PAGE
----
So Dick brought down his cat, and with tears in his eyes gave her to the captain, who sailed away on his voyage. Kind-hearted Alice gave him a little to buy another cat, but it never quite took the place of the first one. Besides, the cook, seeing the interest Alice took in him, grew jealous and more sullen than ever. She was always sneering at him about his grand venture and wondering what he expected to get for his cat. In fact, she led him such a life that he finally gave up in despair and decided to quit the service of the Fitzwarrens for good and all.

Packing up his little bundle one night, he started early on All Hallow's Day, the first of November, to begin again his rambles about the country. By the time he reached Moorefields he was beginning to regret his resolution, and when he had reached Halloway he sat down by the roadside to consider the situation. While he waited there, lonely and dejected, the bells of Bow Church began to ring a merry peal. The music caught his fancy, and as he listened he thought he could hear them say:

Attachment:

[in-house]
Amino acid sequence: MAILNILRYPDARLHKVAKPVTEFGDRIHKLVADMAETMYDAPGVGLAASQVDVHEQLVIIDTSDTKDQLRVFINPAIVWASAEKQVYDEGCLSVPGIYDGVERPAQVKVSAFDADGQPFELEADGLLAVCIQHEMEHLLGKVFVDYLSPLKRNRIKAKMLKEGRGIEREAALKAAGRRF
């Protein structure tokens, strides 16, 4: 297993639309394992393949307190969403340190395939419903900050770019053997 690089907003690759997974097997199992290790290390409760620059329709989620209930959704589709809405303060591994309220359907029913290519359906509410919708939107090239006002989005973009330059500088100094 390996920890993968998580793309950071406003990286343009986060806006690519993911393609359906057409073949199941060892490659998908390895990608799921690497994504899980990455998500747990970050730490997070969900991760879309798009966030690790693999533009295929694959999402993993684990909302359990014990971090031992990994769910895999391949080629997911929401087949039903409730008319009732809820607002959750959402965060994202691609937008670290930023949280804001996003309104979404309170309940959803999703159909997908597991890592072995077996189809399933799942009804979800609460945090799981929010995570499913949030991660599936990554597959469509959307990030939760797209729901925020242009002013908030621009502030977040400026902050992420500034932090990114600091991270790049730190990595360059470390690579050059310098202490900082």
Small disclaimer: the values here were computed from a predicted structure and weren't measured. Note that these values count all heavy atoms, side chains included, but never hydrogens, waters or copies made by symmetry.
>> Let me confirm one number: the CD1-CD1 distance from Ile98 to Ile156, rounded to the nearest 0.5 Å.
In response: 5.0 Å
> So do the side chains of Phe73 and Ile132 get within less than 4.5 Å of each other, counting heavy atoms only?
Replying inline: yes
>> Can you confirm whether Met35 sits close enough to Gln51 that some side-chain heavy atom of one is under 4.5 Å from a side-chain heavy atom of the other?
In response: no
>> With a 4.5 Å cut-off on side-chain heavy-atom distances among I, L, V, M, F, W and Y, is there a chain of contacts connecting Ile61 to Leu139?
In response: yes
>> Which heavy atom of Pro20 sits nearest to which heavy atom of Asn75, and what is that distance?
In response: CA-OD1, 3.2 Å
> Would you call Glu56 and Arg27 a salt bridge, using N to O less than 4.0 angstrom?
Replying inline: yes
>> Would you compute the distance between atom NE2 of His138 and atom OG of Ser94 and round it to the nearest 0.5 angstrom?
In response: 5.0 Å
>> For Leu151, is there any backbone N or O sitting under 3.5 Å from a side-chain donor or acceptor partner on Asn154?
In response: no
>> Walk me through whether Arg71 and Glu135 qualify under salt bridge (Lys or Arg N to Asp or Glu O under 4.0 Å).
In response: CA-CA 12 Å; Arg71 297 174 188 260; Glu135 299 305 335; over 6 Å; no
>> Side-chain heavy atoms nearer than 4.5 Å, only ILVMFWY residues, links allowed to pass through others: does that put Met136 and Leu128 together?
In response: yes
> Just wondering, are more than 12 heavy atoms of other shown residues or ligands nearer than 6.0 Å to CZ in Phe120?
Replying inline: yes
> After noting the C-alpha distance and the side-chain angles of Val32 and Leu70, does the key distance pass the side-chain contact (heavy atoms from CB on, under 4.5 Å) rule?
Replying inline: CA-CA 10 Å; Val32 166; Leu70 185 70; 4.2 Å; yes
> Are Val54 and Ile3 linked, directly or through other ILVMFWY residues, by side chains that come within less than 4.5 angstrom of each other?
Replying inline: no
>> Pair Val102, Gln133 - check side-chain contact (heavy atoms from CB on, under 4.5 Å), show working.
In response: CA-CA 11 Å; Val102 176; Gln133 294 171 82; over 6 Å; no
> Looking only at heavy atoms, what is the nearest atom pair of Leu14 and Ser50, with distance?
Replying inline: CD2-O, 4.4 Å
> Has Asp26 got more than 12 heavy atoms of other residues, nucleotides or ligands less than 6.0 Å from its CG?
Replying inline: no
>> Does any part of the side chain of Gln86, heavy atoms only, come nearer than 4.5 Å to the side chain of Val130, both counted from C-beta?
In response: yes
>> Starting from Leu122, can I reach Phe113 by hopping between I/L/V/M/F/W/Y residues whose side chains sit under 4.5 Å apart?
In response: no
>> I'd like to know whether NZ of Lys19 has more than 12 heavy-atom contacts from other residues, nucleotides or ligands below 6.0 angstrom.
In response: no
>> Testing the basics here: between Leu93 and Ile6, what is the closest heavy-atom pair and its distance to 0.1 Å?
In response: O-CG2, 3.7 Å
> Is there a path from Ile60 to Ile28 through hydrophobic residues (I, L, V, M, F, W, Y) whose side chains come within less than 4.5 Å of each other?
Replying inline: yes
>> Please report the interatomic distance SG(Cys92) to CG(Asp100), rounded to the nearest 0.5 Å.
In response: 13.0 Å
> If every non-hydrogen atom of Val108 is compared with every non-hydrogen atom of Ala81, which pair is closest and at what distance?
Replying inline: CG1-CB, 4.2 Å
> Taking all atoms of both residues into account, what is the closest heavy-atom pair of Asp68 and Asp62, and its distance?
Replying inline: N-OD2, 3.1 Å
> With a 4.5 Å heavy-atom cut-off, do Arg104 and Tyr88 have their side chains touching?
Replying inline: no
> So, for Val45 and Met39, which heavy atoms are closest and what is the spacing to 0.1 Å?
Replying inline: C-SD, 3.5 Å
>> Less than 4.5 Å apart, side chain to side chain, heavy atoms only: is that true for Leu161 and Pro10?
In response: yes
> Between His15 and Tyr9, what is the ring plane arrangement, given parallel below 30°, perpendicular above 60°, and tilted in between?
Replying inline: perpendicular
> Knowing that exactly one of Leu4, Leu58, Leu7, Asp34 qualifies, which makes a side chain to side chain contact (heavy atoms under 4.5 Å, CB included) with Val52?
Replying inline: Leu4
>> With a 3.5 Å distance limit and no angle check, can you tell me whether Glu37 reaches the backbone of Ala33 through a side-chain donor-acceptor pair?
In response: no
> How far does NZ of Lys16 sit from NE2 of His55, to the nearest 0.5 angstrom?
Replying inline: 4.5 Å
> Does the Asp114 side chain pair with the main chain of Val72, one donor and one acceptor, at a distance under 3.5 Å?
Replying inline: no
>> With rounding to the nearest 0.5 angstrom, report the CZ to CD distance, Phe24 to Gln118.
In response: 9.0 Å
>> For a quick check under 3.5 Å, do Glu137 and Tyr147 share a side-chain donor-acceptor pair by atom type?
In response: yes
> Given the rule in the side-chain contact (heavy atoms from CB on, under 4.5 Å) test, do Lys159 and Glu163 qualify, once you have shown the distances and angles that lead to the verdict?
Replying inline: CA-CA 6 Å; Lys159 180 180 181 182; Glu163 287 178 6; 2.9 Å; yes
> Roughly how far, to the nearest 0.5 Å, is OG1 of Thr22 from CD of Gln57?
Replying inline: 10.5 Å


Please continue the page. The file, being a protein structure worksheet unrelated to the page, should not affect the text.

“Turn again, Whittington,

Thrice Lord Mayor of London.” IIe could not resist such an appeal and the good fortune promised him, and so turned back without delay. In fact, so rapidly did he run that he reached the house before the family were stirring, crept softly in at the door he had left ajar, and set to work at his usual drudgery, no one the wiser for his little desertion.

All this time Dick's cat was sharing the fate of the Unicorn, which, driven by contrary winds, was forced to make land on the coast of Barbary, where the Moors, unaccustomed to seeing white people, treated them civilly and were eager to buy the wonderful things that the strangers had for sale. The captain, noticing this, sent samples of his goods to the king of the country, who was much pleased with them and invited him to bring his wares to the palace.

Here, according to the custom of the country, the captain was entertained lavishly, all sitting crosslegged upon carpets of interwoven gold and silver. Tables were brought in, laden with good things to eat; but the feast was sadly marred by the great troops of rats and mice which ran over the carpet